Complaints about foul odors from the system have stopped over the past several days as city workers and contractors have taken action to return the wastewater system to a more normal state after damage caused by the illegal dumping of a toxic substance into the system.
Kenedy Water and Wastewater System Superintendent David Wallace said the toxic substance killed aerobic bugs (bacteria that eat raw waste) that resulted in the bad smells observed by residents downwind from the city’s wastewater treatment plant located north of Goff Street on the northeast side of town.
City Manager Ford Patton said Monday that progress has definitely been made and continues to move forward.
An emergency meeting of the Kenedy City Council was called on June 30 and during the meeting the city council was informed about the issue. The council voted to move forward with an emergency plan to remove dead sludge from the plant and re-seed the plant with new sludge.
“Beginning Wednesday of last week, the belt press was operating and dewatering the sludge,” Patton said. “As of this morning (Monday) we have moved approximately 300,000 gallons through the belt press and the plant was much improved and looking much better than it has in several weeks.”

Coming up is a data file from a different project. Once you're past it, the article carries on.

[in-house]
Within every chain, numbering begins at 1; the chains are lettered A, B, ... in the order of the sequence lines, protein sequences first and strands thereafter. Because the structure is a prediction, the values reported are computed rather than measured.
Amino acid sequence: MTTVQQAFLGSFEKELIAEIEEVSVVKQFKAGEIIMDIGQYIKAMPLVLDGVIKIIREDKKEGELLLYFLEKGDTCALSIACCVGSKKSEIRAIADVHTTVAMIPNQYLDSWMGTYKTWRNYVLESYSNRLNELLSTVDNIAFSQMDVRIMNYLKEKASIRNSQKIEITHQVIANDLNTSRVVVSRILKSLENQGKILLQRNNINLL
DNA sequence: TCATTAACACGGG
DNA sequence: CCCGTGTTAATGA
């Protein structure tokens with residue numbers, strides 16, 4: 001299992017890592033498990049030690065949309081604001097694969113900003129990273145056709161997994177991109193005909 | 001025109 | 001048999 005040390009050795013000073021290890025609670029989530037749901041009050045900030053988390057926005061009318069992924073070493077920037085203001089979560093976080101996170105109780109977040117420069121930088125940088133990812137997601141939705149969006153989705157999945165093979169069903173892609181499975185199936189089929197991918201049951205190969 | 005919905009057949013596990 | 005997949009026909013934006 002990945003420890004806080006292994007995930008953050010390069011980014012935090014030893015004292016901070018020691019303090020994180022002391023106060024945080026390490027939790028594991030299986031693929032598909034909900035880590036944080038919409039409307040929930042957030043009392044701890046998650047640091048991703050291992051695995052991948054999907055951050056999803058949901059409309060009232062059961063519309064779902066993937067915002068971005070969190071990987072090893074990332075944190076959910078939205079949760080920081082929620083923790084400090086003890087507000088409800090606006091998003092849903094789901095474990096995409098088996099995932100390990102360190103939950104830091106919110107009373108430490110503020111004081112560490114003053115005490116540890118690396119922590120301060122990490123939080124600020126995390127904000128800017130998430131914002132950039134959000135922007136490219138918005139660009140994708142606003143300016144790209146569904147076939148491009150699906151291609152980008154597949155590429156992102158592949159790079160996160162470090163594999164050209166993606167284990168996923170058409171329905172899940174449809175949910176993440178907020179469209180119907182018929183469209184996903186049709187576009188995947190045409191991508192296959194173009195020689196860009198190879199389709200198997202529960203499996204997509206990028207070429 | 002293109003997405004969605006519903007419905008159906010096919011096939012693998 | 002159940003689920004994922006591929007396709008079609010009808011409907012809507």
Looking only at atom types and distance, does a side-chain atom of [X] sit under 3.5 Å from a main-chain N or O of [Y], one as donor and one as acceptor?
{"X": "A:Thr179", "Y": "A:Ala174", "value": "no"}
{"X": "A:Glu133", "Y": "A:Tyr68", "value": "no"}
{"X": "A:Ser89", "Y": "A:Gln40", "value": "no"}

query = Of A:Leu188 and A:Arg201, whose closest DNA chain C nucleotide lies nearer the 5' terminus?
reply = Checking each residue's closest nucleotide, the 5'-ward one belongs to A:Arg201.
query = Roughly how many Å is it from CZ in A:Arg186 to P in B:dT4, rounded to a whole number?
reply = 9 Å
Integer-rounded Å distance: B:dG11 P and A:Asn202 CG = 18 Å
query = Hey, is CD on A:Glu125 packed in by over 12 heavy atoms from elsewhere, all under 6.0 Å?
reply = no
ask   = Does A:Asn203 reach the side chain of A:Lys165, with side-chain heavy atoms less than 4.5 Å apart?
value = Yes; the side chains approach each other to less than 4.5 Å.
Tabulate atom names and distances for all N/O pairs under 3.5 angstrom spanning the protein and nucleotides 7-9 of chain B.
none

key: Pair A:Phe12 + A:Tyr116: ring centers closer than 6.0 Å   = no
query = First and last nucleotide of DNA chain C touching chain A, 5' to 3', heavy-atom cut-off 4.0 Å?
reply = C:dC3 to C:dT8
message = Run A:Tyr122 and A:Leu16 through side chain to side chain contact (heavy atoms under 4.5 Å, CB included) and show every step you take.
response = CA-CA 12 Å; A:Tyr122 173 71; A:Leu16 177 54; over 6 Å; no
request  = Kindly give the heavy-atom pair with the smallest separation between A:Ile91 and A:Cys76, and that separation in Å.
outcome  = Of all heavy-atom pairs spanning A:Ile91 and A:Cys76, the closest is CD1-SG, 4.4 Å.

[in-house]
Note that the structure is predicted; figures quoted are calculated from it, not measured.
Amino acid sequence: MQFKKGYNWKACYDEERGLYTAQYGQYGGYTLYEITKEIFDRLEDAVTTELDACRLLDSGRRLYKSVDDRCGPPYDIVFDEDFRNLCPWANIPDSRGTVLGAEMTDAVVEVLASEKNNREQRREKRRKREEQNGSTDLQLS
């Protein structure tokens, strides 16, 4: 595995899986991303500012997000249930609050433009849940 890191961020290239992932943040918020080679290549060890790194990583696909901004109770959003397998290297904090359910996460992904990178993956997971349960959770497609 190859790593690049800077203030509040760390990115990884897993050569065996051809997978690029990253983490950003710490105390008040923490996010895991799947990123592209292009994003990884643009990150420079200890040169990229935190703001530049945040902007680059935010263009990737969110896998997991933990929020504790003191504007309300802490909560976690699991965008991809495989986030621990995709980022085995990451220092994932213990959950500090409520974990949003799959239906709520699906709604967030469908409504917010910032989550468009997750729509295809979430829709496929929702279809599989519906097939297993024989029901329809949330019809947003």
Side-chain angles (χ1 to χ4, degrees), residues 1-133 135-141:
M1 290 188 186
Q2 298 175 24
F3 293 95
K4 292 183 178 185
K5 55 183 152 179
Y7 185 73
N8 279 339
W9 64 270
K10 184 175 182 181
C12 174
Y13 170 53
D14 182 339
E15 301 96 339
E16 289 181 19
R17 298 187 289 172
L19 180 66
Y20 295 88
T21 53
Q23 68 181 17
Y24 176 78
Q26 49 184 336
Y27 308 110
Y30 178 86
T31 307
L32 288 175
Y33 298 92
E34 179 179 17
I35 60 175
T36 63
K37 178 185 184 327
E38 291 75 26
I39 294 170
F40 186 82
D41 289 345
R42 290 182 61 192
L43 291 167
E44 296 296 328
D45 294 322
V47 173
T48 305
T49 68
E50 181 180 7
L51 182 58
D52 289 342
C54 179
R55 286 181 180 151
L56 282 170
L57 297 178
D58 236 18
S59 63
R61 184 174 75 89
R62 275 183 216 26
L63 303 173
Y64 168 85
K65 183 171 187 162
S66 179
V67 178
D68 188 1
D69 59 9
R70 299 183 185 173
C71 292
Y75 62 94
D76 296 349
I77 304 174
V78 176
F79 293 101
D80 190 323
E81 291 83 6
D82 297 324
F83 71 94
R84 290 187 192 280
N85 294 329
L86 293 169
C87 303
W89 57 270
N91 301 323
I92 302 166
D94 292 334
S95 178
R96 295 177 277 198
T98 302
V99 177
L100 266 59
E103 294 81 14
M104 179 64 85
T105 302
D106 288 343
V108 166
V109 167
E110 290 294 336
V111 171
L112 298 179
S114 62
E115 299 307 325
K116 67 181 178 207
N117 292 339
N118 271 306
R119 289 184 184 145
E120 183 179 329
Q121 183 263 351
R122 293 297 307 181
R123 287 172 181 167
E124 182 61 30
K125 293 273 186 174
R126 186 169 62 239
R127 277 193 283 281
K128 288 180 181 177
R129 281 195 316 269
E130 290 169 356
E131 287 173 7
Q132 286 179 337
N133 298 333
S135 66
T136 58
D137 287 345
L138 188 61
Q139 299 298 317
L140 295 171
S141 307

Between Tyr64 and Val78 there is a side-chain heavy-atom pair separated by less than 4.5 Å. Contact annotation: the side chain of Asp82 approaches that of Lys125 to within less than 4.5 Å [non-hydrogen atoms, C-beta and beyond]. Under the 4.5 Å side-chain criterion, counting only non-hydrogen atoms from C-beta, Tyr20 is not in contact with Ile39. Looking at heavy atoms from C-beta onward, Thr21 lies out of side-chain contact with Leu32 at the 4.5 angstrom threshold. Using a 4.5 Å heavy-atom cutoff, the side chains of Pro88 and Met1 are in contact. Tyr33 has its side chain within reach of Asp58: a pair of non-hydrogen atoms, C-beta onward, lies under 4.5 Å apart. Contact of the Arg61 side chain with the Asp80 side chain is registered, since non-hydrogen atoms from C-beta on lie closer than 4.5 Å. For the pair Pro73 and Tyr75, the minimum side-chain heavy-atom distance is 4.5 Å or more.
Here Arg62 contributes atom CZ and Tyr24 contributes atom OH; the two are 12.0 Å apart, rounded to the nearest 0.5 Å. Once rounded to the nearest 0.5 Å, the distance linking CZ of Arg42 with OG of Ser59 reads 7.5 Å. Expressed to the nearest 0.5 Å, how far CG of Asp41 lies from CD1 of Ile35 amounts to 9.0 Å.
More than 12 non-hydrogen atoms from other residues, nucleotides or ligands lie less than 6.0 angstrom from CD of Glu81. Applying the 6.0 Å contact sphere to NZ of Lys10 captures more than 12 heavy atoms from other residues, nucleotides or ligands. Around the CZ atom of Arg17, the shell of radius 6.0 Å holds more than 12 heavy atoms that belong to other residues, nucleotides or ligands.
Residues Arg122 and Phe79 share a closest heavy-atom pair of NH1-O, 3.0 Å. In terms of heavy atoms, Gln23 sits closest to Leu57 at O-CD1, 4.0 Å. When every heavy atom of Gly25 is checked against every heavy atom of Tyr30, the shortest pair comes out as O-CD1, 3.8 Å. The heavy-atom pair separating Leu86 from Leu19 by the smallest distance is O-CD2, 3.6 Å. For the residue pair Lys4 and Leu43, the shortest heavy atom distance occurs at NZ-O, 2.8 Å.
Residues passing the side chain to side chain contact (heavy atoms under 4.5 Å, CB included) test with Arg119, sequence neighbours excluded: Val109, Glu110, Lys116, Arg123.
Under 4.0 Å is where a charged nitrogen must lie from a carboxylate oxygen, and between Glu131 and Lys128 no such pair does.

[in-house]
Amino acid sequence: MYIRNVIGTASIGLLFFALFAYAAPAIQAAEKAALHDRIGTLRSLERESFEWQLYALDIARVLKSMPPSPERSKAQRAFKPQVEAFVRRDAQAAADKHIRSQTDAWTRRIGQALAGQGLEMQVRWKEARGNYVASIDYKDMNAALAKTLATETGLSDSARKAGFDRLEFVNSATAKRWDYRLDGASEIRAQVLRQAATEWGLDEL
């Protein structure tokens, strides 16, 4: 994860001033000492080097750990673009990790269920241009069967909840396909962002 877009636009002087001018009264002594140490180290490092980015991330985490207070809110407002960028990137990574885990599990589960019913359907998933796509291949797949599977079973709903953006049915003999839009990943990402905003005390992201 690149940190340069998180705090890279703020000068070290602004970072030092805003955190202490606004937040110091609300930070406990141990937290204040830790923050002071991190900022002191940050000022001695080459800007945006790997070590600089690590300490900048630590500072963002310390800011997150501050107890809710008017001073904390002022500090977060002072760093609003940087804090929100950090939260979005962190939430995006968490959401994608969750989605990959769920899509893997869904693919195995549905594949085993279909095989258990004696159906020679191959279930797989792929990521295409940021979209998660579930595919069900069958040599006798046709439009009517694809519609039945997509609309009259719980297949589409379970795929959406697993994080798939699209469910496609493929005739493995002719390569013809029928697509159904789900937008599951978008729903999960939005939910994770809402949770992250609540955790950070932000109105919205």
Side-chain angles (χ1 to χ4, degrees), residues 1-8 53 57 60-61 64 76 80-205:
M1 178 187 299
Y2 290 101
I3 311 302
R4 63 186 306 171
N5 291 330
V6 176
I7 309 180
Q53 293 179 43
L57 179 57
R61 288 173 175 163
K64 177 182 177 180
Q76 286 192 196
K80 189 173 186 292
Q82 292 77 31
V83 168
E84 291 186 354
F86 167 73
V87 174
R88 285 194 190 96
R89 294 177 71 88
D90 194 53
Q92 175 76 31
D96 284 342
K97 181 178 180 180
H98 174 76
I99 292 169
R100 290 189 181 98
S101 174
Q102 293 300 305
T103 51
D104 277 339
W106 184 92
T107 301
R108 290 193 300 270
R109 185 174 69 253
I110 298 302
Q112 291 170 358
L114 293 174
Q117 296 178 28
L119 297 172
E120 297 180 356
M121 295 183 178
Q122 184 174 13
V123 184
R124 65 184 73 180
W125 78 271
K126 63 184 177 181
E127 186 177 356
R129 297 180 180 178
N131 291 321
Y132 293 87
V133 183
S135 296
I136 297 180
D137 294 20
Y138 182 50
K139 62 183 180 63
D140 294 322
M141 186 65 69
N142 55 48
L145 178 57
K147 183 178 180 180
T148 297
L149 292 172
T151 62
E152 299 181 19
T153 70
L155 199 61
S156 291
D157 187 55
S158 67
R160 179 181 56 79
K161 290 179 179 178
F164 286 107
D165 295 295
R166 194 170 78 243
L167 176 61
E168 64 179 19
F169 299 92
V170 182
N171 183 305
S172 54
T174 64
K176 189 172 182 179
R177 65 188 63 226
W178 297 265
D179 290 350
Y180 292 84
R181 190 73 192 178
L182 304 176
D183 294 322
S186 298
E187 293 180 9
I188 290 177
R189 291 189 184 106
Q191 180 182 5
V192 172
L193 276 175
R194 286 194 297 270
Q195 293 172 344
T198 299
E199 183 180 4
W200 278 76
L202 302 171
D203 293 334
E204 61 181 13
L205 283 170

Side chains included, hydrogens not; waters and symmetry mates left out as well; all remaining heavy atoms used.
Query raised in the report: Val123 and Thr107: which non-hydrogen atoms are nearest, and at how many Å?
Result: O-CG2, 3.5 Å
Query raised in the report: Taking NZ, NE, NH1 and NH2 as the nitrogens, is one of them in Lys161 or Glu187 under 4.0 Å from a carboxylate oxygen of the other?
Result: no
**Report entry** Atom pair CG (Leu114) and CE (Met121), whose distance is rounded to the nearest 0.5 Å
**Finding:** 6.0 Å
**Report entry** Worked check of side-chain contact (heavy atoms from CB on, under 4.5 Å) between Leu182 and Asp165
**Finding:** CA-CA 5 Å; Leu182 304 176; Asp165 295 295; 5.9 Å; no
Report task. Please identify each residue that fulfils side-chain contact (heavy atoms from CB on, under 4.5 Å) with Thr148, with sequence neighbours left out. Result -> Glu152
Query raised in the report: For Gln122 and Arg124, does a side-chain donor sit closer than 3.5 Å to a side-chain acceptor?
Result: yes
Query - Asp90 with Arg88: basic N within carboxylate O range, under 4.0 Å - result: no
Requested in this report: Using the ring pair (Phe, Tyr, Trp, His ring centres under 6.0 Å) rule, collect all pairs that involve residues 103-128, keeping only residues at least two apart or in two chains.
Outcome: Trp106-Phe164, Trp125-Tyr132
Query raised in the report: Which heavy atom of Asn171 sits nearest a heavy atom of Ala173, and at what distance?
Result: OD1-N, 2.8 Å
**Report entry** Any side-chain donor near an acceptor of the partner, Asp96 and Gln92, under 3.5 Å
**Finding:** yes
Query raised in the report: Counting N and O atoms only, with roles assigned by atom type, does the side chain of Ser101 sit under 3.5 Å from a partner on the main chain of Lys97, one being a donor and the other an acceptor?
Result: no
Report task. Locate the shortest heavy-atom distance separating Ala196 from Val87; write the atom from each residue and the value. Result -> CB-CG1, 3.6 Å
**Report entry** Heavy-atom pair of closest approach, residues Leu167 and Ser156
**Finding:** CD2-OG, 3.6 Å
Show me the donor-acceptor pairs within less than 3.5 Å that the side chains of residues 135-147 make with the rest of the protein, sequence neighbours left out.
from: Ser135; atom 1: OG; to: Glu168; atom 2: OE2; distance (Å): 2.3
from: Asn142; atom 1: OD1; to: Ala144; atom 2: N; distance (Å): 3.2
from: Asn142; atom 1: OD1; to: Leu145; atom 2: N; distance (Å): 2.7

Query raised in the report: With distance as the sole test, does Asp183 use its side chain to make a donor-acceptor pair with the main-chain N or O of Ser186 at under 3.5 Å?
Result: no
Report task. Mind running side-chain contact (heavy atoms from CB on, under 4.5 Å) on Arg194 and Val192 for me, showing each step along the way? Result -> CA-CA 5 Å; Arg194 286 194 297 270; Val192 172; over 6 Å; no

Equipment was rented and equipment operators have been assisting city workers throughout the effort, Patton explained.
The efforts last week are resulting in positive results, he said.
“From what I can tell, I have not noticed the odors in the past few days,” Patton said.
City officials have not yet been able to determine who dumped the toxic materials, or exactly what the substance was, but they are encouraging the public to report any information about this incident or any future incidents of illegal dumping immediately to the Kenedy Police Department at 830-583-2225.